PORTLAND — Travis Green's preparation for Sunday's Game 6 of the Western Hockey League championship series included a chat with forward Ty Rattie.
"I didn't think he was great in the (Friday) home game," Green, the acting Portland Winterhawks coach, said. "And one thing about Ty is he's real honest in his game. He knows when he is on his game and he knows when he's not on his game.
"I just told Ty: 'Tonight we need a World Junior performance.' And he gave us the performance we needed. That's what your great players do. Ty knew that he needed to bring it. And he performed and he delivered."
Did he ever.
The 19-year-old St. Louis Blues prospect scored three goals Sunday to power Portland to a 5-1 championship-clinching win at Edmonton, its first league title in 15 seasons and third in 37 seasons in the Western Hockey League.
Rattie's first two goals were game-changers, short-handed strikes that came on the same four-minute Edmonton power play.
That sequence came after Edmonton scored on a fluke play one minute into the game, the puck dribbling into the goal off of Portland defenseman Derrick Pouliot.
"It just went a little too hard off my skate and I couldn't get it off my stick and it's just in the net," Pouliot explained. "An unlucky bounce. I couldn't believe it."
On Mother's Day of 2012, Edmonton scored early in Game 7 at home and carried that momentum to a championship clinching 4-1 win over Portland in Game 7.
"I had a little bit of a flashback, to be honest," Green said. "But our group has never (panicked). They don't get high and don't get low."
Another bit of misfortune came two minutes later, when Chase De Leo was penalized four minutes for high sticking.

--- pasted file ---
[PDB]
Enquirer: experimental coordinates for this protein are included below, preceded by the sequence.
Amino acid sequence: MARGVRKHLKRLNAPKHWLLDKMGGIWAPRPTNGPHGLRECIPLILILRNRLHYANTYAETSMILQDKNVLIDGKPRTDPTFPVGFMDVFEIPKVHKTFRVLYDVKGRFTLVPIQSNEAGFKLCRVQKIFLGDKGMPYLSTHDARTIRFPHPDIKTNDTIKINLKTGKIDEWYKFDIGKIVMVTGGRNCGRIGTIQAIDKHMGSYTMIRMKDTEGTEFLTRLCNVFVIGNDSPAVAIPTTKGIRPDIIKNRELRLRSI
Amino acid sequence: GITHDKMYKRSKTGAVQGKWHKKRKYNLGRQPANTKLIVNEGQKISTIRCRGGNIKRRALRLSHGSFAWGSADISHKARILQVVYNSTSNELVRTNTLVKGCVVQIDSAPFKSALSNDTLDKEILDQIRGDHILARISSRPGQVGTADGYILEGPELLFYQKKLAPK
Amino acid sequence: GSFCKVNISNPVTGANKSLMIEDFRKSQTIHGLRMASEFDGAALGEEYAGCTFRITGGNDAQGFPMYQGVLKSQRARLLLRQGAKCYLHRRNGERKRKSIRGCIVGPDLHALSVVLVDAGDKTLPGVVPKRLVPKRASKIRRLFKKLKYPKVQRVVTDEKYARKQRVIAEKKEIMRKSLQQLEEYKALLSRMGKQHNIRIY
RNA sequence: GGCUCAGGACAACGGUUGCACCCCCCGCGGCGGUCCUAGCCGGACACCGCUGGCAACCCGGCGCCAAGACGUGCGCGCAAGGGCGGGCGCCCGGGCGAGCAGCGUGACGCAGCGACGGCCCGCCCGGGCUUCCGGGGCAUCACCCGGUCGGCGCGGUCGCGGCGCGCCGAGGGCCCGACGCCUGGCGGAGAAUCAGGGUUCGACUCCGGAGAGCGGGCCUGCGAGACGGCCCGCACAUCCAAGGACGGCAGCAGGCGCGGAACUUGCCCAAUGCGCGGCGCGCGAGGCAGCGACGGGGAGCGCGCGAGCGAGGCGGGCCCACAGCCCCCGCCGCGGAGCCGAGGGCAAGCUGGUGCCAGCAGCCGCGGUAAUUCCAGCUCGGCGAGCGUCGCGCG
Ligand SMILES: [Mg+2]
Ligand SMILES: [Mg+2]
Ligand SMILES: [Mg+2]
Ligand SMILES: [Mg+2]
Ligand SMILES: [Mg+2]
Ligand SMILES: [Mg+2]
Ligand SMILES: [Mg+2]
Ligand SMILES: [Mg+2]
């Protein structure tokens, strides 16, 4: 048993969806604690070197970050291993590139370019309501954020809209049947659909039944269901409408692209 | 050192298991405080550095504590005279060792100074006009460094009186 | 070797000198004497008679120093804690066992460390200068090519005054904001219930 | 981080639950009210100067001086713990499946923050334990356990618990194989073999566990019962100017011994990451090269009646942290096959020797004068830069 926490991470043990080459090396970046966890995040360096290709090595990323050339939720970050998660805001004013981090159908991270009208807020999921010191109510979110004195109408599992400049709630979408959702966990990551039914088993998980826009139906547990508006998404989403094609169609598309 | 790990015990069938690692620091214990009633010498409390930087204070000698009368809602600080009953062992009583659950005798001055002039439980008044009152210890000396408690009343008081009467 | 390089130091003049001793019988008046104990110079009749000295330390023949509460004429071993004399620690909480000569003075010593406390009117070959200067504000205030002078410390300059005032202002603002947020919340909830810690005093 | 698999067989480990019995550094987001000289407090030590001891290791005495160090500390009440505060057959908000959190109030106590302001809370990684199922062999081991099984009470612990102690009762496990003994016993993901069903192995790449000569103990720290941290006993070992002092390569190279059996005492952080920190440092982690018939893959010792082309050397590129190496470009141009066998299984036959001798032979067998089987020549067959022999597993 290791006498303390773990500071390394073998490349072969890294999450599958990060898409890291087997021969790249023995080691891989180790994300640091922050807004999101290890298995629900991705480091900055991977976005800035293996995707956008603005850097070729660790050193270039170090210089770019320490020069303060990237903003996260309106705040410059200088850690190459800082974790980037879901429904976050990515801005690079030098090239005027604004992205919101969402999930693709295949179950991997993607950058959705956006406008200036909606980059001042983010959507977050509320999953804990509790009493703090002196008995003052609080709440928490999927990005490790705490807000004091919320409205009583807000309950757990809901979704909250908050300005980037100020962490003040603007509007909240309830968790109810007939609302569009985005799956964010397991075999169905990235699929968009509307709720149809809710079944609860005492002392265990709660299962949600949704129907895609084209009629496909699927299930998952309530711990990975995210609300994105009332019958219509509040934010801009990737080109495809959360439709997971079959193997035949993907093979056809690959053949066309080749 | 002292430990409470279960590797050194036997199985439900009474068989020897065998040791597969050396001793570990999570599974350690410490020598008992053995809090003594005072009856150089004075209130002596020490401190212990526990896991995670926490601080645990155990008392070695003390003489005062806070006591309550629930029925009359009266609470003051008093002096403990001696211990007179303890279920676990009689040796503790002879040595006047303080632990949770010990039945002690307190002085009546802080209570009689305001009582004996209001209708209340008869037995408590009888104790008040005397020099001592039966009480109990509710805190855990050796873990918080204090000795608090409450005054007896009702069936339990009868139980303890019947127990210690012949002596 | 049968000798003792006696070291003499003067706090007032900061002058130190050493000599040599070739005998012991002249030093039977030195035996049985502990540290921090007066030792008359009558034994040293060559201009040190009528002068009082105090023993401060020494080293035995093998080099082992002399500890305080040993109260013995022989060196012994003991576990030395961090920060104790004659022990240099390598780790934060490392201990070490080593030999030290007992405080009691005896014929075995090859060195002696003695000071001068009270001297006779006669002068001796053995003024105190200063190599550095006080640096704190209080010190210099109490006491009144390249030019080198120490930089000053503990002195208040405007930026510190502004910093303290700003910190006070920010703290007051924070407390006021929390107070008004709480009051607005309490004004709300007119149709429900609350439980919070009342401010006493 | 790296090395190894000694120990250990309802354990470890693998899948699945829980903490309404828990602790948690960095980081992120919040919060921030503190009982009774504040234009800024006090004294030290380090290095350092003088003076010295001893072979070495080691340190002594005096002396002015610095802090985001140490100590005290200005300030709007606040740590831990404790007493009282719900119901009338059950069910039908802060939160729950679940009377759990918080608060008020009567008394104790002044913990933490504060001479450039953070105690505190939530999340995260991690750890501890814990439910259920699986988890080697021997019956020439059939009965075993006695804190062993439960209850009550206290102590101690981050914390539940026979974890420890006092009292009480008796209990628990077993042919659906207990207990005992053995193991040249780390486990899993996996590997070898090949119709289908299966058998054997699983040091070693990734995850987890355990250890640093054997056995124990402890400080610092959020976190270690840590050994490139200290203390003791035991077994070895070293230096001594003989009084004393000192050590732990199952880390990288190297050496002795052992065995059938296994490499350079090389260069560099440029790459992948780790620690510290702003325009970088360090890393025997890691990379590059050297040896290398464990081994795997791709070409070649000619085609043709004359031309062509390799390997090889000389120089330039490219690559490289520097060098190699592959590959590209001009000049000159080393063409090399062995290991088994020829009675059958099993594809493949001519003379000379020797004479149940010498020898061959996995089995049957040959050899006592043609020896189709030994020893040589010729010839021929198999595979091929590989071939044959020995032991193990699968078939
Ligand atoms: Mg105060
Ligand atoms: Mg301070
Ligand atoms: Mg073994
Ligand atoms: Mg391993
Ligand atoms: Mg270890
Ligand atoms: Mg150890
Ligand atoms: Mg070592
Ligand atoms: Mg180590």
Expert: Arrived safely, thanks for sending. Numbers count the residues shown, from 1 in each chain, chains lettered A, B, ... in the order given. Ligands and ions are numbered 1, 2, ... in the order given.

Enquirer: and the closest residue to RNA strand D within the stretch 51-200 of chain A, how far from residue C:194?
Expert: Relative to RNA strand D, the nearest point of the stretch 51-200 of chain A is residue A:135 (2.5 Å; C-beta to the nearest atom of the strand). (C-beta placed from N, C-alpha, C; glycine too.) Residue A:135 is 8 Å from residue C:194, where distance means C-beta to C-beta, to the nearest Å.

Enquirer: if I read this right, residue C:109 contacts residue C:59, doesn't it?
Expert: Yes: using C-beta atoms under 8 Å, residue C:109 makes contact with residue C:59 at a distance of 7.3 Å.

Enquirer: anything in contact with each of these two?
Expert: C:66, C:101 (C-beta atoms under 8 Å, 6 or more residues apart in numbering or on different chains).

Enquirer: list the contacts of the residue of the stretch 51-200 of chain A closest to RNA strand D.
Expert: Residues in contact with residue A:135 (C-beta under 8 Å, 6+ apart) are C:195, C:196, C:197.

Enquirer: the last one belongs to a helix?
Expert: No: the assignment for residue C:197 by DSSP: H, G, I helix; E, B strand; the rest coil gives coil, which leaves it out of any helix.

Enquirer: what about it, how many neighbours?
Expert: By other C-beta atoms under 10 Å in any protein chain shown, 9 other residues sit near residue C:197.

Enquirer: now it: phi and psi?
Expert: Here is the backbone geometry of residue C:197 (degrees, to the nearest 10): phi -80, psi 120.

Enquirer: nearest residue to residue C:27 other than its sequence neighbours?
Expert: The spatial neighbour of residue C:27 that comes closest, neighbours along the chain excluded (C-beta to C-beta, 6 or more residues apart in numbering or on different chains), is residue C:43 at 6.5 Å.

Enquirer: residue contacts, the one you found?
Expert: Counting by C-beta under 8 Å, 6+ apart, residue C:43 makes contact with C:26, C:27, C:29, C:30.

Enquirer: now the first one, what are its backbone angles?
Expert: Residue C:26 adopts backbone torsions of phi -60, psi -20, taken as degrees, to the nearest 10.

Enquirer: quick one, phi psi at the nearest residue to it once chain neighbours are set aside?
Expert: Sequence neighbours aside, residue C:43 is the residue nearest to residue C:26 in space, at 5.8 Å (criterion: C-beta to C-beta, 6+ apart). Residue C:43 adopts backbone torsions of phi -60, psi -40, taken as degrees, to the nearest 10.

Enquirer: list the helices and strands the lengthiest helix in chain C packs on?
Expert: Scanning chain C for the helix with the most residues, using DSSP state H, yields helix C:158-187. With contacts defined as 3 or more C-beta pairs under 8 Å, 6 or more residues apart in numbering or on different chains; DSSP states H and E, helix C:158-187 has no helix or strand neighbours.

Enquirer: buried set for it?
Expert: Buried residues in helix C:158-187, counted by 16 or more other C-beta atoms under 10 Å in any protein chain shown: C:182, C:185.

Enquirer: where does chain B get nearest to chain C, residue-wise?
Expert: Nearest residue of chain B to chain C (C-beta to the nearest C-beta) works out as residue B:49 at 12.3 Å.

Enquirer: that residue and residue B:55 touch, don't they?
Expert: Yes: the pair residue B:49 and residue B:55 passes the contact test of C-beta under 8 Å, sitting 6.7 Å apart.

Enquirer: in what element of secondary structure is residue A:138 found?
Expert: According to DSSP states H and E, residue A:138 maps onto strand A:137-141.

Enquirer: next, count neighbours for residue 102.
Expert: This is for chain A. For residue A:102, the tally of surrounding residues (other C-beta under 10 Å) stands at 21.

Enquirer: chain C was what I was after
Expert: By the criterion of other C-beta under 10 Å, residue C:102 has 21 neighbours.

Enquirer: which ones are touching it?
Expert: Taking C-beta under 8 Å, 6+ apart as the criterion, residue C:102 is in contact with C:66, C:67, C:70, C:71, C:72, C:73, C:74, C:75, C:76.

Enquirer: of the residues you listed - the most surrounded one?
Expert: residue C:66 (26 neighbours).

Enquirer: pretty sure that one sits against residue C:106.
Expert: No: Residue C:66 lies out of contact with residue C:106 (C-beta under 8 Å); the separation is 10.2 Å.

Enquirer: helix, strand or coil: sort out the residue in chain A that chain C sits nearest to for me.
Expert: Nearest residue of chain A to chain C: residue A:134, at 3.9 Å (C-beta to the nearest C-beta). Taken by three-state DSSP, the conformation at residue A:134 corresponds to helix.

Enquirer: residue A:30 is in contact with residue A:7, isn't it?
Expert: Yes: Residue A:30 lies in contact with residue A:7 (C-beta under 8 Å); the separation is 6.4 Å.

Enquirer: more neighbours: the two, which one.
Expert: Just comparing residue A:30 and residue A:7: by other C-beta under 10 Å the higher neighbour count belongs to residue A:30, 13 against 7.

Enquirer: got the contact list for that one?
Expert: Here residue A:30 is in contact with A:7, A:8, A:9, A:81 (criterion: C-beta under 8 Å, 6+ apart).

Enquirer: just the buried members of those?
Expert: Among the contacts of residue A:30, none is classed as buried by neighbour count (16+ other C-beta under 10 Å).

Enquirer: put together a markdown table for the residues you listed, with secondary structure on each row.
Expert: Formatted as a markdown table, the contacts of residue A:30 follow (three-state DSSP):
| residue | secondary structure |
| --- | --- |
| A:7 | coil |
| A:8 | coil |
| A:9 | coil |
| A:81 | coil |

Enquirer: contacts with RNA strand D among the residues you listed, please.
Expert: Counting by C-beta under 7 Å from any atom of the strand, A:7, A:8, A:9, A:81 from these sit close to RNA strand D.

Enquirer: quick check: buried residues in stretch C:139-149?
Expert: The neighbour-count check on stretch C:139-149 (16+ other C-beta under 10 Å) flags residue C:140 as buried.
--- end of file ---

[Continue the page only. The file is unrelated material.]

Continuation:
Two power-play goals for Edmonton would have put the Oil Kings in strong position to force a seventh game in Portland on Monday.
Instead, Rattie and Nic Petan went to work.
First, Petan pressured Edmonton defenseman Martin Gernat into a turnover and fed Rattie for a goal that tied the game and made Rattie the league's all-time career leader for playoff goals.
Moments later, Petan assisted on the second goal, when Rattie raced around the goal and stuffed the puck inside an open post.
It was an appropriate turn of events in a series dominated by Portland's penalty kill. Edmonton was scoreless on the power play in the series.
The Oil Kings certainly missed Vancouver resident Trevor Cheek, who had eight goals and eight assists in the playoffs before an injury in the Eastern Conference finals sidelined Cheek for all six games of the finals.
"I can't say enough about Ty Rattie," Winterhawks assistant coach Kyle Gustafson said. "His game elevated. He's a World Junior player. He's a big game player. For him to get one short-handed goal, let alone two, was unbelievable.
"As soon as he got that second one, the feeling was, 'OK, he put his team on his back.' "
Not that the Winterhawks, losers in the 2011 and 2012 WHL championship series, were ready to celebrate. Even leading 4-1 entering the final period, there were no early smiles on the Portland bench.
"Nothing's safe until the final buzzer, and that's the way we played," Gustafson said. "It was definitely businesslike. And the way we approached the third period is no different in Game 6 than in Game 1.
"We wanted to make sure we gave everything. We wanted to make sure we pressured their (defensemen) just as much as we would at the start of the series, and that's what we did."